7. Even at the level of the dialogue, this film is playing with the idea that two Hollywood stars are flirting with each other (e.g. the line, "I look vaguely familiar.") How does our pre-existing knowledge of these stars function to create meaning in this scene. We know of their former works...so it is somewhat type casting for both. Normally that is seen as a bad thing from an actors POV...in this case ...it is what makes the scene come off so perfectly. There is minimal action in this scene, so any deviation from the overall pattern of focusing on the faces of the two leads will have inc
  8. Describe what you think this film will be about simply from the sounds and images in these opening credits. Even if you have seen the film, try to focus on these sounds and images themselves and “the story” (or if not "the story," the mood and atmosphere they are establishing) that this sequence is communicating to the audience. The woman's face...all the features are shown...mouth...nose...eyes. I sense the woman will be central to the story. The spinning circles...coming out of her eyes...depicting minds spinning out of control...unable to think beyond the object which causes the mind's co
  9. How would you describe the opening camera shot of this film? What is Hitchcock seeking to establish in this single shot that opens the film? Whose vantage point is being expressed in this shot, given that Jeff has his back to the window? The scene sets Jeff's apartment as part of the complex, but also,separate and aloof. We see out, we never see in. We,are privy to everyone else's activities, but no one seems to be looking back. The lives of the other people go on without the slightest thought by them that anyone is watching. What do we learn about Jeff in this scene without any pertinent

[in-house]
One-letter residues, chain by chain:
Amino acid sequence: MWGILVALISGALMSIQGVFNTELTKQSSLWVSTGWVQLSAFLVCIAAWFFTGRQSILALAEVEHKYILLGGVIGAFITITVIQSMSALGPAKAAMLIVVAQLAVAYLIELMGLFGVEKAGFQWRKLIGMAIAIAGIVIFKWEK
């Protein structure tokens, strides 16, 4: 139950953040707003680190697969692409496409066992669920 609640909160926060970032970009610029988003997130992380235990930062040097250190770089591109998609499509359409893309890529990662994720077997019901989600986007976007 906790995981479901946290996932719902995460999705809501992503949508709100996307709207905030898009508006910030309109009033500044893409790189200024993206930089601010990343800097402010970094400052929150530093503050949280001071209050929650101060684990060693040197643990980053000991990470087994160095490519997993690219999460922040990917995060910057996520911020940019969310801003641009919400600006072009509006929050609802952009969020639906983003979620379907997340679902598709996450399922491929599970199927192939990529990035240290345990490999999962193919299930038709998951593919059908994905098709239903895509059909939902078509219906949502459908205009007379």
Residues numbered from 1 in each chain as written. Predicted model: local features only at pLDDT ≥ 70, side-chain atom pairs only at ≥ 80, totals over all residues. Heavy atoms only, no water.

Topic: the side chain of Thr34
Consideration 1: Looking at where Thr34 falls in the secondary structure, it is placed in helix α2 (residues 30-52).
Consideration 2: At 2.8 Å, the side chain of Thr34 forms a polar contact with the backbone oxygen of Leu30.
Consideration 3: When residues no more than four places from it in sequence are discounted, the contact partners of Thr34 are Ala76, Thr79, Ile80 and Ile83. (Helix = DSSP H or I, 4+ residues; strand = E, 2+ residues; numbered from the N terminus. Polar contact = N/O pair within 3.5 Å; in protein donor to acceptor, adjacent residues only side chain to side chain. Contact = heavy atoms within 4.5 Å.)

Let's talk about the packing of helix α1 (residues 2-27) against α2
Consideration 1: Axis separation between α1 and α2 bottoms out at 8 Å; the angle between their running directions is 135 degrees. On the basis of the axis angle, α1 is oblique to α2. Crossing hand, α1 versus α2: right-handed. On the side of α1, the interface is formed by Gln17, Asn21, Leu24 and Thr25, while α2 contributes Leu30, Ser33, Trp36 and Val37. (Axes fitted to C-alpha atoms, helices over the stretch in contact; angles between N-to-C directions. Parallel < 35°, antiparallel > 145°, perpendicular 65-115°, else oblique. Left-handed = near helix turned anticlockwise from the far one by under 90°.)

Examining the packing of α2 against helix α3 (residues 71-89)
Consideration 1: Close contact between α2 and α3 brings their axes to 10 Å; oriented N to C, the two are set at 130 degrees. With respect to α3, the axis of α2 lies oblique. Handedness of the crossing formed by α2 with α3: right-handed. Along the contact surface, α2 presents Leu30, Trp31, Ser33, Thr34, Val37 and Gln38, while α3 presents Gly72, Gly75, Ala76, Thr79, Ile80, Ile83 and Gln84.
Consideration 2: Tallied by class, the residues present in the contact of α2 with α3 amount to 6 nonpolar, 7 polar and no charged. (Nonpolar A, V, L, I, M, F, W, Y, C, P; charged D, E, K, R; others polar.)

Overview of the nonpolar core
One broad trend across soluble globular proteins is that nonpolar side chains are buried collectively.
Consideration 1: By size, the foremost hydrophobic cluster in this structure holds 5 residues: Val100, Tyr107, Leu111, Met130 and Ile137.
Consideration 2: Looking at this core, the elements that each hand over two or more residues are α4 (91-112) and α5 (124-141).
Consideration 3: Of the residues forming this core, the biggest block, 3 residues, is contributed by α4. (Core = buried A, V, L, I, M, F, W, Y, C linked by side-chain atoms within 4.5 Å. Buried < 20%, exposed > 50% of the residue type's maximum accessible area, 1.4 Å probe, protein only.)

10. In how many ways does Hitchcock play with or visually manifest the metaphor of “criss cross” or “criss-crossing” in this introductory sequence. [For those who haven’t seen the film yet, the idea of “criss cross” is central idea in this film, a theme Hitch sets up from the opening frames of this film] Be specific. Two men whose lives intersect...arriving from different back,grounds...visually shown as the cabs pull up from different directions, he men walk to the gate coming from different directions....walking to the train car..from different directions...facing different directions causing t
  11. What Hitchcock "touches" do you see in this early scene from the movie? The close-ups, the POV shot, the use of humor in the dialogue, a flashback, but not a visual one, this time he uses an audio flashback...a nice touch. How does Hitchcock choose to light, frame, and photograph his two stars in this scene?What are some of the contrasts that Hitchcock trying to set up between these two characters through art direction, costume, and cinematography? The first view of Bergman is somewhat blurry, which lets you know right off, she is not merely asleep, but in a altered state. Her first vi